Not only has it been a volatile year in the stock market, it's been a little frightening in the retirement-plan arena, too. Recently, we've heard about problems with stable-value or GIC (guaranteed investment contract) funds, the possibility of big companies like UAL (UALAQ) failing to meet their pension obligations to employees, and the negative impact of rising interest rates on pension payouts.
The best way to combat fear is to get the facts. That's what we'll do today.
What's Up with Stable Value?
So far, what we've seen are problems with retail mutual funds that invest in GICs. But many of you may be investing in stable-value funds within your 401(k) plans. In a rising-interest-rate environment, these types of funds offer good protection because they invest in very short-term insurance contracts.
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Is there cause for alarm in your 401(k)? I spoke to Gina Mitchell, president of the Stable Value Investment Association. She explained that the rules for stable-value mutual funds (outside of company retirement plans) and stable-value investment choices (inside company retirement plans) are very different. The SEC is scrutinizing the valuation of the wrap contracts used in stable-value mutual funds (they don't exactly fit into the models used in the Investment Company Act).
The SEC does not have jurisdiction over 401(k)s (and other company retirement plans). There are, however, very strict accounting specifications that stable-value funds in company retirement plans must meet for both the American Institute of Certified Public Accountants (AICPA) and Financial Accounting Standards Board (FASB). These institutional stable-value funds must meet certain criteria for valuation of the underlying investment contracts and they are not in violation at this time.
So the good news is that institutional stable-value funds are still a viable option for investors seeking protection from the volatility of both the stock and bond markets. Stable-value funds are not facing the same problems currently plaguing retail mutual funds.
What Security Blanket?
It's troubling to hear the potential broken promises big companies like Enron or UAL make to their employees. Bad things can and do happen to companies many thought represented "safety."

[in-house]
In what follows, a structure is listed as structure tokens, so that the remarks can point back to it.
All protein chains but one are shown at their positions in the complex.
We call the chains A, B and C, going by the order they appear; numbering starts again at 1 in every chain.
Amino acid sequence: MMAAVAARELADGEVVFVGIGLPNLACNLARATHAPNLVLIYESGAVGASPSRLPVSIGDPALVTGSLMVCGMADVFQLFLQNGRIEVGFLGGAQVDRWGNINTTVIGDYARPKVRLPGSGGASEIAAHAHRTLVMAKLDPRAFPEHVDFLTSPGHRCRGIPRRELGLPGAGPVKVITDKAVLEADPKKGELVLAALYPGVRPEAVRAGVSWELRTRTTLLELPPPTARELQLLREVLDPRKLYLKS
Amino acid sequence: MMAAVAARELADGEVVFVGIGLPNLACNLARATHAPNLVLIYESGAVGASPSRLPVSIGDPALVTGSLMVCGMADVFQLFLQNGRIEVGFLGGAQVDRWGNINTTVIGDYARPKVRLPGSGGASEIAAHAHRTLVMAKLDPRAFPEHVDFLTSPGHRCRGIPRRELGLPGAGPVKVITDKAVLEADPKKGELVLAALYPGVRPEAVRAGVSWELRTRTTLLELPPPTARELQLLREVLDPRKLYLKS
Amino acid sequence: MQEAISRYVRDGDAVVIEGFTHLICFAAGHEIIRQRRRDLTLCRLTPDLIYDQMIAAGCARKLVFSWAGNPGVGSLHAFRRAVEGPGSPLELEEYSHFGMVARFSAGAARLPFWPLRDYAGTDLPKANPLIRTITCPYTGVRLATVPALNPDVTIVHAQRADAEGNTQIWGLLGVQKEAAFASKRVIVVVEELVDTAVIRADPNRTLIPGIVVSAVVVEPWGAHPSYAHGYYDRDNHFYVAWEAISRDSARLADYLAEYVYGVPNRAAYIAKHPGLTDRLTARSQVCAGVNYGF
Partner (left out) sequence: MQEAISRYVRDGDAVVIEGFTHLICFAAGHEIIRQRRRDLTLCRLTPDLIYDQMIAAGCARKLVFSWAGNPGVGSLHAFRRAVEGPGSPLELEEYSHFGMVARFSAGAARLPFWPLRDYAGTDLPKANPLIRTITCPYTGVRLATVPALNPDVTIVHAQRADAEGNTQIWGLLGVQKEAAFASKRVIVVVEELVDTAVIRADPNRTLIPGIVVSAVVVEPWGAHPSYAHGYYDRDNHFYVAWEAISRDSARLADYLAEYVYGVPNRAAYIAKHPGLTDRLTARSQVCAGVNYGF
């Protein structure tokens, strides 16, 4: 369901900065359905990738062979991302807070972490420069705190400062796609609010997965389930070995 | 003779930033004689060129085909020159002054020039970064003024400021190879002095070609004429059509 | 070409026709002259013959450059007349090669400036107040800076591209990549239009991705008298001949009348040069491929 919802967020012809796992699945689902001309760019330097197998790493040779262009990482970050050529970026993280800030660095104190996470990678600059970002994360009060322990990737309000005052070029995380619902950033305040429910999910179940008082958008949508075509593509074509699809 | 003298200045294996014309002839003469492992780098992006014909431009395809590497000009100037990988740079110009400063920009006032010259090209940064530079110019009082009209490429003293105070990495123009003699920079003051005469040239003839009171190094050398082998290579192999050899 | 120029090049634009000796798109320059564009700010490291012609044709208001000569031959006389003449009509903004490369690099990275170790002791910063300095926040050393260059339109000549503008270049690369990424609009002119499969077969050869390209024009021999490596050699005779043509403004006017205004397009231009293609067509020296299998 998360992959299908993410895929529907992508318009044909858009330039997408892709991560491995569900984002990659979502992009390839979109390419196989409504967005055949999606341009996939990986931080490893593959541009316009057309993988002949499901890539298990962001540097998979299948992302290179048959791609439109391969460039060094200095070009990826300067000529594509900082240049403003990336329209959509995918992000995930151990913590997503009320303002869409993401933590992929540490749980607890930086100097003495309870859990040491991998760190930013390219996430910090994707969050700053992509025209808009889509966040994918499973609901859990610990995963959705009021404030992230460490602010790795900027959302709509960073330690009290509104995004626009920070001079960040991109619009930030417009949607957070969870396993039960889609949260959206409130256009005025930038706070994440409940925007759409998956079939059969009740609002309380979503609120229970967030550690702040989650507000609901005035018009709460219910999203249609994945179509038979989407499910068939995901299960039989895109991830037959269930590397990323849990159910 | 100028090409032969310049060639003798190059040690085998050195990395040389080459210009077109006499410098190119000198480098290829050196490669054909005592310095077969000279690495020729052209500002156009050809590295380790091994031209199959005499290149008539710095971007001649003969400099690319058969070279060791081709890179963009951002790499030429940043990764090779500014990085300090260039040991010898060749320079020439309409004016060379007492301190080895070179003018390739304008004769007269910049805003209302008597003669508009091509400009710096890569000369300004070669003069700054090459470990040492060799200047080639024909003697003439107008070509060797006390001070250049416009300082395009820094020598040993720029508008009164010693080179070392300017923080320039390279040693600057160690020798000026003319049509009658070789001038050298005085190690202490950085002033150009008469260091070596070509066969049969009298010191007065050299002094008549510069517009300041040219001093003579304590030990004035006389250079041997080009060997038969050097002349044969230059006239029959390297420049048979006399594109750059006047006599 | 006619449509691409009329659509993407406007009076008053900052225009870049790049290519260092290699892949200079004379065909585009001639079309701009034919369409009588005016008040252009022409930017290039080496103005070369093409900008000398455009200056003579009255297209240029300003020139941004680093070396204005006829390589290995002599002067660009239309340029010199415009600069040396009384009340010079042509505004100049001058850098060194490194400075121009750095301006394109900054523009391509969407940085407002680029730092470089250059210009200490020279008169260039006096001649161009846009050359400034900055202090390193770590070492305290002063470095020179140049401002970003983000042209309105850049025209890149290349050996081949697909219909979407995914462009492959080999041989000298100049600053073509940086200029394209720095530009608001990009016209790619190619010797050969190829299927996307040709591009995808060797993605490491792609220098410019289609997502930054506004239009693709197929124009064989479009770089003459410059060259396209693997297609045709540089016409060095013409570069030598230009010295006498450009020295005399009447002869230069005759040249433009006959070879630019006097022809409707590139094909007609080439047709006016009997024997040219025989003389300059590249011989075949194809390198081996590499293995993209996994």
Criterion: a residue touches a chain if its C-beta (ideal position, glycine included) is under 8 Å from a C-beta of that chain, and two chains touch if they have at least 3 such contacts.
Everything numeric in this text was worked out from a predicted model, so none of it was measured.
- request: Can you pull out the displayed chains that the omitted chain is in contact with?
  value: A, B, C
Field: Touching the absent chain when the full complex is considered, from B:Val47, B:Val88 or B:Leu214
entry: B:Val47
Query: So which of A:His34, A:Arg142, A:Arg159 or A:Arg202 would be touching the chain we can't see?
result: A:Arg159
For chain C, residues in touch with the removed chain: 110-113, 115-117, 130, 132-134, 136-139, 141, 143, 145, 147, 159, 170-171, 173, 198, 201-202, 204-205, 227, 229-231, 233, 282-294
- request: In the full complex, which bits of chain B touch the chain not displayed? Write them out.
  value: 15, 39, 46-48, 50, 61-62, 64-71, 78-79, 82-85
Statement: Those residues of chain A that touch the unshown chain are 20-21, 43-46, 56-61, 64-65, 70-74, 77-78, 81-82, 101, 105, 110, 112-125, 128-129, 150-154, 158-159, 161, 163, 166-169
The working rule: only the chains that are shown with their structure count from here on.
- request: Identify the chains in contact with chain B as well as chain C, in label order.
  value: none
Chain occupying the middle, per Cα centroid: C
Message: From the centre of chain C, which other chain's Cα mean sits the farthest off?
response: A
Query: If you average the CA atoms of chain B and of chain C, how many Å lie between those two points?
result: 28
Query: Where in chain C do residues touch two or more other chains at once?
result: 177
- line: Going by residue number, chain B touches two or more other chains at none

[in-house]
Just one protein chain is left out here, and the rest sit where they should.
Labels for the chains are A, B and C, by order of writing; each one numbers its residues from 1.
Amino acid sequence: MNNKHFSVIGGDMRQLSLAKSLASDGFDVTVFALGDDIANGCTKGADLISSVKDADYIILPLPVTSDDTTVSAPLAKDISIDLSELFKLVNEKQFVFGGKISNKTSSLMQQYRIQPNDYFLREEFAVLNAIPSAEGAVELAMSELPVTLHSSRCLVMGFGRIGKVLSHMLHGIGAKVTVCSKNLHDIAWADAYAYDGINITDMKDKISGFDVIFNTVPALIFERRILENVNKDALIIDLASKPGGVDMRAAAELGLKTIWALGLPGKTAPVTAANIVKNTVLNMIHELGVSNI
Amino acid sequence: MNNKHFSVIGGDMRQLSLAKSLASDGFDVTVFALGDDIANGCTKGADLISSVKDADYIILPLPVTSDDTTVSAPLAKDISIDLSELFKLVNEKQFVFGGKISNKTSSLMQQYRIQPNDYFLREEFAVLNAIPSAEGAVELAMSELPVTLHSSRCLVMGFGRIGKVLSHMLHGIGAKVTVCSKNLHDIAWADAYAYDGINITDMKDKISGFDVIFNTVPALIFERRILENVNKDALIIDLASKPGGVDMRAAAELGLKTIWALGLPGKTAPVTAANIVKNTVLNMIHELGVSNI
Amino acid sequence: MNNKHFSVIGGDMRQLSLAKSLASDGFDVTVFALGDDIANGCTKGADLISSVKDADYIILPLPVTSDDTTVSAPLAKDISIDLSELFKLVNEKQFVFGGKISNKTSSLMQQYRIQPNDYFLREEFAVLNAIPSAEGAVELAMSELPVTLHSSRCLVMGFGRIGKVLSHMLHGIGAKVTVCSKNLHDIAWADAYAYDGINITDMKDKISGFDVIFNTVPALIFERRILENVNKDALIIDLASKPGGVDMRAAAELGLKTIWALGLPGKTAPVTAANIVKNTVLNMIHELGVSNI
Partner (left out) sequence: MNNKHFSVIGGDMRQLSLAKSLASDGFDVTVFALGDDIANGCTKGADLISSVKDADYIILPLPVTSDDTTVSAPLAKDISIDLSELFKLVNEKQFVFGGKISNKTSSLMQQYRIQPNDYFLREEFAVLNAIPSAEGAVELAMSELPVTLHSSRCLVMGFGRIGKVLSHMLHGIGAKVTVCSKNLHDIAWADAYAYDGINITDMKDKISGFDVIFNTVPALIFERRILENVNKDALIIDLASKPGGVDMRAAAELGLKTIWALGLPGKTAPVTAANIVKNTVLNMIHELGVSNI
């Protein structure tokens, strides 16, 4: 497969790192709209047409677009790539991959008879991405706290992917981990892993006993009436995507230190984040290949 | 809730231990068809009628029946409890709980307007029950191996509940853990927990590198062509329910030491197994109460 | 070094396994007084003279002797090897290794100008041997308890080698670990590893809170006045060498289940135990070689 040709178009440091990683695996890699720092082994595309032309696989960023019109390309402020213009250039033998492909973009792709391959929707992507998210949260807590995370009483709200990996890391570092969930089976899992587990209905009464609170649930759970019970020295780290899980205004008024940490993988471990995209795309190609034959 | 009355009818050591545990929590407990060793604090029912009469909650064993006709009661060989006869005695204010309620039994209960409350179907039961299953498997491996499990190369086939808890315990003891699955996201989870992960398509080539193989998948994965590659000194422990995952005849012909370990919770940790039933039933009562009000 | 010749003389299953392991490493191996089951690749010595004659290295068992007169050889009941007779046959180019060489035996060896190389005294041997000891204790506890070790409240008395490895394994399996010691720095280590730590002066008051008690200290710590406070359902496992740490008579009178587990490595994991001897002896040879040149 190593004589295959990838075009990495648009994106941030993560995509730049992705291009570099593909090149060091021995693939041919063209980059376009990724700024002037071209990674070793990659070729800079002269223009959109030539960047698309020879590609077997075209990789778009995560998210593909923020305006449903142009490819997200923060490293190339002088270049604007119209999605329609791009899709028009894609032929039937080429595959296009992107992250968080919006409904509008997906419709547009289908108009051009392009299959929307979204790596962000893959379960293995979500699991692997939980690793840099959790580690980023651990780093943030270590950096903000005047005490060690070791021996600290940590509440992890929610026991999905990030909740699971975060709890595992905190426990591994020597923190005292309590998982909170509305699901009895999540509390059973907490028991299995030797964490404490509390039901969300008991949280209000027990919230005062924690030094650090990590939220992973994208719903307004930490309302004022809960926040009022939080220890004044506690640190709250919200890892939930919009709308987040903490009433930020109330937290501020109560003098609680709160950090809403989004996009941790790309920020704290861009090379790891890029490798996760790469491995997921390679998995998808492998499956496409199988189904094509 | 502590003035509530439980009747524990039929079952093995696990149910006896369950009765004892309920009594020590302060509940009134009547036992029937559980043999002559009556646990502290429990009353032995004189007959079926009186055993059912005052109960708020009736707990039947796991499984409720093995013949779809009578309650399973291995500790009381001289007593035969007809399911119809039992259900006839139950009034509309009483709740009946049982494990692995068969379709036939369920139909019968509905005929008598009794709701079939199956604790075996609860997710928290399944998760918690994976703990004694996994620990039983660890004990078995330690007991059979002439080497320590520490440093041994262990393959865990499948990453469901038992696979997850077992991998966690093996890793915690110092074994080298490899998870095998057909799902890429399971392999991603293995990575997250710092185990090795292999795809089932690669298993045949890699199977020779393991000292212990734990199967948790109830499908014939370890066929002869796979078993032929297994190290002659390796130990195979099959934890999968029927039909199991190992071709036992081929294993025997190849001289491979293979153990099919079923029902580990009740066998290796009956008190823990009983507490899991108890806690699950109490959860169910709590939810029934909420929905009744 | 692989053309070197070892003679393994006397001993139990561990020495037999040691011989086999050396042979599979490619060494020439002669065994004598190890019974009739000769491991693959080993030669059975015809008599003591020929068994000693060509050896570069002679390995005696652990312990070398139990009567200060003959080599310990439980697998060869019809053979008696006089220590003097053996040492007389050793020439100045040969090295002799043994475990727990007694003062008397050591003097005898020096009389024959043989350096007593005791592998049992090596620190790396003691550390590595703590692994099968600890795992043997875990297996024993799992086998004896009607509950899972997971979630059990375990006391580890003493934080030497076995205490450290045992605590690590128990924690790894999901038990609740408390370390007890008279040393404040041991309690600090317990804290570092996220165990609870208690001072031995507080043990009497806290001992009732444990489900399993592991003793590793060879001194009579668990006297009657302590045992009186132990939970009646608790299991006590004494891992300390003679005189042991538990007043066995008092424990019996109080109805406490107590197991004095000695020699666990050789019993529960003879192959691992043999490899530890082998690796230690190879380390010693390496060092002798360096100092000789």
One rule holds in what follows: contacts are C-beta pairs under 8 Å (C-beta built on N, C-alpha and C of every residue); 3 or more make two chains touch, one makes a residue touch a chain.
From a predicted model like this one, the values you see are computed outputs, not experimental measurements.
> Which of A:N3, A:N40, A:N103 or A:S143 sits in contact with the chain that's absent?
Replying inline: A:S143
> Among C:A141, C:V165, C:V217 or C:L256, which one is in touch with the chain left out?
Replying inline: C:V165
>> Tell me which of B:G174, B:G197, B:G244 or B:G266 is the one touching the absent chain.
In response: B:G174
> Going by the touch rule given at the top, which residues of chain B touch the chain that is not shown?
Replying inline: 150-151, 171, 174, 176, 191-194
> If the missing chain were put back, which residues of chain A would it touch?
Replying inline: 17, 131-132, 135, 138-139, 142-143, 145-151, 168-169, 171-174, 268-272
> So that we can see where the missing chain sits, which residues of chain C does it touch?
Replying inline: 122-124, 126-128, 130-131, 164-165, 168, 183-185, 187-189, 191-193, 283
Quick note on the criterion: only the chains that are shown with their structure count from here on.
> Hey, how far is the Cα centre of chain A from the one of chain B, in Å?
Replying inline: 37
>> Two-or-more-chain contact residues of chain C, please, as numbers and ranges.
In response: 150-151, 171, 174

One of the historical advantages of choosing an annuity payment versus a lump sum from a defined benefit plan (the traditional pension plan) has been that it was guaranteed up to a certain amount by the Pension Benefit Guaranty Corporation (PBGC). I've already written about the troubles the PBGC has had. Now it looks like UAL may add to its burden.
What's an average investor to do? We may have to turn once again to our old friend: diversification. We've talked at length about the defensive strategy of spreading your assets around in different asset classes. Perhaps you should also consider diversifying where you contribute to your retirement nest egg. Instead of relying solely on your company retirement plan (primarily the traditional defined benefit pension plan), you may want to contribute more to an IRA or a 401(k), if you have one. 401(k) plans can be rolled over to an IRA when you leave a company--whether from termination or retirement.
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One more word of caution to those of you investing in a company retirement plan: If you have the option of company stock in a 401(k) plan, use it sparingly. That was what clobbered some Enron retirees when the company imploded. According to EBRI (Employee Benefit Research Institute), at year-end 2003, 16% of 401(k) plan participants' assets were in company stock. My advice is this: Limit your company stock allocation to 5%. If something "bad" happens to your company, it could affect not only your retirement plan, but potentially your ability to earn your current salary (human capital). It's a double whammy, so keep that additional risk in mind when you're planning your retirement investments.
Shrinking Pension Payouts
If you have a traditional defined benefit pension plan, you may be in for an unpleasant shock as rising interest rates translate into a smaller lump sum payout. That's because the actuaries who calculate your benefits use a designated interest rate in their formulas. When those interest rates go up, the pension lump sum is likely to go down.
Some of you may have done retirement projections that use company calculations of how much you would receive at a certain age. These company calculation statements typically show what you would receive if you took various types of annuities (single life, joint life, period certain, etc.) or if you took a lump sum. If you are closing in on retirement (within one or two years) you may want to ask your human-resource contact to show you what those numbers would be if interest rates rise .5%, 1%, 2%, etc.
With new company projections in-hand, you can begin to look at a range of possibilities for your lump sum and how that affects your retirement planning. Depending on how much of an impact interest rates will play in your own situation, you may want to increase your savings in other types of accounts or, if it means taking a larger lump sum, investigate the possibility of retiring a little earlier than expected. Of course, this is only one of many factors that need to be considered.
Source: forbes.com - 08-26-2004